The Fibre Garden : natural dyes
Showing 19–24 of 24 results
$3.30 – $25.50 Select options
Ground nuts of a tropical tree, Terminalia chebula. Use on protein or cellulose fibres. Considered both a mordant and a dye, because of the high tannin content. Yields a light butter-yellow to beige or mushroom. Substantive, no mordant needed. Use at 15-20% WOF as a mordant on cellulose fibres. As a dye, use at 20-30% WOF for medium shades. TO USE:soak 24 hrs in water to dissolve. Add more water if necessary and enter fibre. Bring to a high simmer for 1 hour. Let fibre cool overnight. Light and washfastness: good.
$3.50 – $27.00 Select options
Nylon – Fake Cashmere (Top)
100% Nylon. Extremely clean combed top, possibly the whitest fibre we carry. Staple length is about 3 to 4 inches which makes this top-notch for blending with almost anything. Few would spin Nylon all by itself, but it has a great reputation for adding strength and durability to other fibres, especially when spinning yarns for socks. This is a fine grade that you won't even notice when blended in at a rate of 20 to 25% or so, by weight. Surprisingly, Nylon dyes beautifully with acid dyes. It also takes natural dyes well using the usual premordant methods for protein fibres. We love the moniker of "Fake Cashmere", but your fingers will never confuse it from the real thing. It feels more like those puffs they stick inside pill bottles. Maybe it is.
$7.48 – $55.08 Select options
Osage Orange, Shavings
Dried shavings from Maclura pomifera, a tree once widely planted in the US and eastern Canada for shetlerbelts. The wood is still used to make archery bows. Use on protein or cellulose fibres. Pre-mordanting recommended. Strong and fast golden to lemon yellows are produced. Use at 20-50% WOF for medium shades. TO USE: place shavings in a stocking and soak overnight (or longer) in cold water. Bring to a simmer for 1 hour, cool and remove stocking. Enter premordanted fibre and simmer for 1 hour. Combines well with other dyes such as Logwood. Shavings can be dried and reused. Light and washfastness: excellent.
$8.47 – $62.37 Select options
Pomegranate, Ground Extract
Ground extract from the rinds of pomegranate fruits, Punica granatum. We list this as a natural dye, but it is sometimes used as a mordant. Use on protein or cellulose fibres. Yields soft yellows to green-yellows or gold. Substantive but pre-mordanting recommended. Use at 15-20% WOF for medium shades. TO USE: soak 24 hours in water to dissolve, stirring occasionally. Place extract and fibre in dyepot and add more water if necessary. Bring to a high simmer for 1 hour. Let fibre cool in dye liquor for at least one more hour or overnight. Light and washfastness: moderate to good.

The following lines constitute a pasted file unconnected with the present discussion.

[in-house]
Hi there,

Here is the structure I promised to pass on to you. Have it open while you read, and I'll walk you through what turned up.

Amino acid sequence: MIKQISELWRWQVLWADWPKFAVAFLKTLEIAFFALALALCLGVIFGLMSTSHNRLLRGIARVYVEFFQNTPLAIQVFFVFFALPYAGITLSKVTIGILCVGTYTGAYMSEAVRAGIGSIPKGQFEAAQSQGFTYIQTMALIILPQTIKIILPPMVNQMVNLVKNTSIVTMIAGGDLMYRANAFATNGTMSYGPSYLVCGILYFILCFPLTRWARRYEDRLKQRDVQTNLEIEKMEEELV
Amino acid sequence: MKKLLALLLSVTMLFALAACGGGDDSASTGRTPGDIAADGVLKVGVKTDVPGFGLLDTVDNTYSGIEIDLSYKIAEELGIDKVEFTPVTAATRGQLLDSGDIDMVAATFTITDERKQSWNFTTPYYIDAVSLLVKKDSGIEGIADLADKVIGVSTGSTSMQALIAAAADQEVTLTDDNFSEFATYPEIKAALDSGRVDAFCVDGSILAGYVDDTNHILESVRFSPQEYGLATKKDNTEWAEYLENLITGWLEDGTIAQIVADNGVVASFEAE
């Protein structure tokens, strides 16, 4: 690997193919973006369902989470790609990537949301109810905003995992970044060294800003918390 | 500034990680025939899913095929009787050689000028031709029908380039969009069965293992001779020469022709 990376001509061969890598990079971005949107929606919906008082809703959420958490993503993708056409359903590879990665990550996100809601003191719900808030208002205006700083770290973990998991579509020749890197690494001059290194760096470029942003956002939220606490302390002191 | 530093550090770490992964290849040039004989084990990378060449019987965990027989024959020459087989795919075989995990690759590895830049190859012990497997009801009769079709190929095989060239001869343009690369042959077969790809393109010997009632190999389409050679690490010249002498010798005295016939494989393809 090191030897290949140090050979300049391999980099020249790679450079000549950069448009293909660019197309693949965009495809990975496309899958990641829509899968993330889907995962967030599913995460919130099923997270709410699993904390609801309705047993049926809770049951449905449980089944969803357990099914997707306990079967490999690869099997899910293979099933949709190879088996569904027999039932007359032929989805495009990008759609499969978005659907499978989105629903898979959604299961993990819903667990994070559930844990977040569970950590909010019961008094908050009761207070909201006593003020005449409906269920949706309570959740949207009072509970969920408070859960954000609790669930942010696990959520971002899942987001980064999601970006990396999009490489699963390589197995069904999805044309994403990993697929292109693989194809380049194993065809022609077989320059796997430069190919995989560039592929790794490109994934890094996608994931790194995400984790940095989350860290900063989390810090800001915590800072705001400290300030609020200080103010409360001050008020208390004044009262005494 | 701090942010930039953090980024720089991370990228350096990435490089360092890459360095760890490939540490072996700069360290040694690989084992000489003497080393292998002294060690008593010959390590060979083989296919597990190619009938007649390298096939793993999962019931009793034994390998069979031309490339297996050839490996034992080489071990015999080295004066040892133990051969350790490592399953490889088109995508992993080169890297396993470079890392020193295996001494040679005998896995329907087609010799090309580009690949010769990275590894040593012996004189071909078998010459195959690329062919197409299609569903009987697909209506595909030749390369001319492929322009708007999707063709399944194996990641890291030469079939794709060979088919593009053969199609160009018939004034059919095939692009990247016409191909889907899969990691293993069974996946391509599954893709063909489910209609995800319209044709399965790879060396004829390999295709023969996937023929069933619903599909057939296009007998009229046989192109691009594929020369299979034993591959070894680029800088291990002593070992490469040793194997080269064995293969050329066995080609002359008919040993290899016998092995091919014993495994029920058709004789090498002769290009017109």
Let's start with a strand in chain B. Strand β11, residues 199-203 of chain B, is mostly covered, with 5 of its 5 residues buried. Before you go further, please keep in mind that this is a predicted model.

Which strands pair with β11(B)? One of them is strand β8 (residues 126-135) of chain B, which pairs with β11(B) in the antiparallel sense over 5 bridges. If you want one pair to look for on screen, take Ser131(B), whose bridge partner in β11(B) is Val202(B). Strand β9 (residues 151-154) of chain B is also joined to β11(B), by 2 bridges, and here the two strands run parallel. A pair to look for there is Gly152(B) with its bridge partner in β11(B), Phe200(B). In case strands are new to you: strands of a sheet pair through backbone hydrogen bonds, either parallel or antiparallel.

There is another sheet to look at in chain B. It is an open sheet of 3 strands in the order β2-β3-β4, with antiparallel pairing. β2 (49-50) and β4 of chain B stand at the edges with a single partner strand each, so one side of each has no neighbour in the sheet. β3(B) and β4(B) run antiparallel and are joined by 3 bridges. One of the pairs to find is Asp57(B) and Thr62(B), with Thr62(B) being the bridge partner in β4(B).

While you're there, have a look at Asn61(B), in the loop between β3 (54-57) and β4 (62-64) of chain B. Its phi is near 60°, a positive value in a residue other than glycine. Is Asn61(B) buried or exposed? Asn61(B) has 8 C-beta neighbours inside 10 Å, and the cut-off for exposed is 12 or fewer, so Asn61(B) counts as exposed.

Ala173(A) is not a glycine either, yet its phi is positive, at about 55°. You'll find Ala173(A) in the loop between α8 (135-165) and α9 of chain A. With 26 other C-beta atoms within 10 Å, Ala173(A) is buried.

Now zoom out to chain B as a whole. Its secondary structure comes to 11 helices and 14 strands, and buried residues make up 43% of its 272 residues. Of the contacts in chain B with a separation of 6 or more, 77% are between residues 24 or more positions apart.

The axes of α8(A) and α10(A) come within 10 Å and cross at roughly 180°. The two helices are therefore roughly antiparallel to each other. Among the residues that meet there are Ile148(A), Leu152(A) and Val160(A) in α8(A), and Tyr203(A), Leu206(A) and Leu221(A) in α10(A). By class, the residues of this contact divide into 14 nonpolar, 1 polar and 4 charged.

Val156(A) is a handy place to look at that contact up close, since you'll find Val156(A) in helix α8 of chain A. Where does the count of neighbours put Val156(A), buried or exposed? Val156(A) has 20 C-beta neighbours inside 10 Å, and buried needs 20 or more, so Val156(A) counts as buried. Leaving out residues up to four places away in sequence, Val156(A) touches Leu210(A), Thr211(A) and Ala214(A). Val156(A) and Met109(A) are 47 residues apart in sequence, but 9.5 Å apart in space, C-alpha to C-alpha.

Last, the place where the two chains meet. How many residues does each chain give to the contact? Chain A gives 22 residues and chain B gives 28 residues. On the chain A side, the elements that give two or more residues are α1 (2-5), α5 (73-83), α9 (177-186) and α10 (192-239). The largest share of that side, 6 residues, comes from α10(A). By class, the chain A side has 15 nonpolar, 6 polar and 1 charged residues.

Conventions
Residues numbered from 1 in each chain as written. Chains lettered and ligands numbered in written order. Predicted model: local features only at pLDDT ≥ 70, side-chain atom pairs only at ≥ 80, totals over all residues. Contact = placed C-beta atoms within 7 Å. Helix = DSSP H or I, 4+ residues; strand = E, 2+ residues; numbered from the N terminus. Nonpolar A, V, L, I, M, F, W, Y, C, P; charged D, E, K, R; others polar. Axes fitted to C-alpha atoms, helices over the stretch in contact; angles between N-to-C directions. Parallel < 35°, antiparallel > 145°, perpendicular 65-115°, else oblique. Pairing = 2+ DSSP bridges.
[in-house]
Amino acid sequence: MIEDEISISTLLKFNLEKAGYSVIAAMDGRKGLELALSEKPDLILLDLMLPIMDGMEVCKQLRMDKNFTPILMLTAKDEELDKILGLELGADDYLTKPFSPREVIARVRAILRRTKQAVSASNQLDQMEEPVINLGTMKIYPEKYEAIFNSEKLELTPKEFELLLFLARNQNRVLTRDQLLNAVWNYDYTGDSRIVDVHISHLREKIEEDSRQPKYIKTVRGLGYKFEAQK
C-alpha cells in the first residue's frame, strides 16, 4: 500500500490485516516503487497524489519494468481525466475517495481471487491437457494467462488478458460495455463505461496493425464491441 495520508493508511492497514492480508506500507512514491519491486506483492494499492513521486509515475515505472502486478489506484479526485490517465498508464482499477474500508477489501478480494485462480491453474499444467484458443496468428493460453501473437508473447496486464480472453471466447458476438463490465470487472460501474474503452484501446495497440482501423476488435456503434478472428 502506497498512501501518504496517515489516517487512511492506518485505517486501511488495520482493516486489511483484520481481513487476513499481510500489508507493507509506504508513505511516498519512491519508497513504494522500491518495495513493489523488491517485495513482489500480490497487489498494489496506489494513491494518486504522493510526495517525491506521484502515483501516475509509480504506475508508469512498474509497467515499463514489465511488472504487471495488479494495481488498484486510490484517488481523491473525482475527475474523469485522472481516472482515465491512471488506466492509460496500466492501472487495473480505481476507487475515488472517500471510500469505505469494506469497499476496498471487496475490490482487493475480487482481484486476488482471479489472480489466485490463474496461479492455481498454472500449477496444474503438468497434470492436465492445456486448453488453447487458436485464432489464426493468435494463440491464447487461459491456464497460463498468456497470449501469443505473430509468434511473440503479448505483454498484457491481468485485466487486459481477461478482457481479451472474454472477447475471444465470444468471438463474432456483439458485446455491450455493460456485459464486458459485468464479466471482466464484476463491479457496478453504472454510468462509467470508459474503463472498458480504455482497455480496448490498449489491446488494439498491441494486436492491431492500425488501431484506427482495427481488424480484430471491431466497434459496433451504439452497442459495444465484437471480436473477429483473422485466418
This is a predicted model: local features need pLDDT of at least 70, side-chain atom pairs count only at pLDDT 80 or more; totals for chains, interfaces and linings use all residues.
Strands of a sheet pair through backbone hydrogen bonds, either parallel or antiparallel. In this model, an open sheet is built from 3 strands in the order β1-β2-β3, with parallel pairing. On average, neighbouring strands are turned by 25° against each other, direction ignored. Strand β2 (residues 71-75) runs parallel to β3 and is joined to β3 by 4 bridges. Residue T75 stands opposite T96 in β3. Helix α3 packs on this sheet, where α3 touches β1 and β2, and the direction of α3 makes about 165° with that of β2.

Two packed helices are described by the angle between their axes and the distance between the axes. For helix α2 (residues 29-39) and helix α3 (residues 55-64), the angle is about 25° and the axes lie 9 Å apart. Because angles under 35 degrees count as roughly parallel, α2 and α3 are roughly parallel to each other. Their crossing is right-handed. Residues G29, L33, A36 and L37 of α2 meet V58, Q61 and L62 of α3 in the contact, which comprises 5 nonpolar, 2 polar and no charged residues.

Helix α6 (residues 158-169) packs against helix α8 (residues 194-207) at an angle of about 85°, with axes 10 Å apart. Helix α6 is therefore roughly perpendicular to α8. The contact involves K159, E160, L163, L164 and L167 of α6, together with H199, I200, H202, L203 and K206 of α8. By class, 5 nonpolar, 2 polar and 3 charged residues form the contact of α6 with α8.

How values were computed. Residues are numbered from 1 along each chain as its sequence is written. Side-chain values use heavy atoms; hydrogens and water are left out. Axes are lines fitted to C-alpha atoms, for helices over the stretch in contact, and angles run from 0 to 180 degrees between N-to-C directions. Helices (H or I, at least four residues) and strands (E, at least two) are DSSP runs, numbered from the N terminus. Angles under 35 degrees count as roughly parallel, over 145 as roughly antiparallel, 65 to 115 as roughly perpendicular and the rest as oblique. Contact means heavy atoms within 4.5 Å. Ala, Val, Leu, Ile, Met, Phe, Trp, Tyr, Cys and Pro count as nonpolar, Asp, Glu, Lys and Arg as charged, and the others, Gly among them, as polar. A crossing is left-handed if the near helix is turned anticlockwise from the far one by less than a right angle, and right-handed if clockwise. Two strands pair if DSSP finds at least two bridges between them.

$6.60 – $27.00 Select options
Ground, dried leaves of a small tree native to the Mediterranean, Rhus coriaria. This has been used for tanning leather for centuries, producing a yellowish-green colour. It was once widely used in the woolen trade to produce shades of brown through tan to yellow-brown and olive and is sometimes called Tanner's Sumac. Used mainly on protein fibres but worth experimenting with on cotton and other plant fibres. We can't find much information, but suggesting trying this at 20-30% WOF for medium shades, as a starting point.. TO USE: soak in warm water overnight. Simmer in liquid 30-60 minutes at 170-190°F. Cool, strain, add more water if necessary then simmer premordanted fibre for 30-60 minutes at 170-190°F. Lower temperatures (below 160°F) may help the yellow pigments to shine through, and keep down the brown tones. Light and washfastness: probably good to excellent with a mordant.
$5.75 – $19.00 Select options
Weld, Dried Chopped
Dried and chopped tops from Reseda luteola. Use on protein or cellulose fibres. An ancient source of excellent bright yellows. Pre-mordanting recommended. Alum/c.o.t. mordant gives good results. Use at 30-50% WOF for medium shades. TO USE: soak in water overnight, then simmer mixture at 160-175°F for 1 hour. Cool and strain. Add more water if needed and enter pre-mordanted fibre. Hold at a 160-175°F for one hour. The brightest yellows develop at these cool temperatures. Light & washfastness: very good.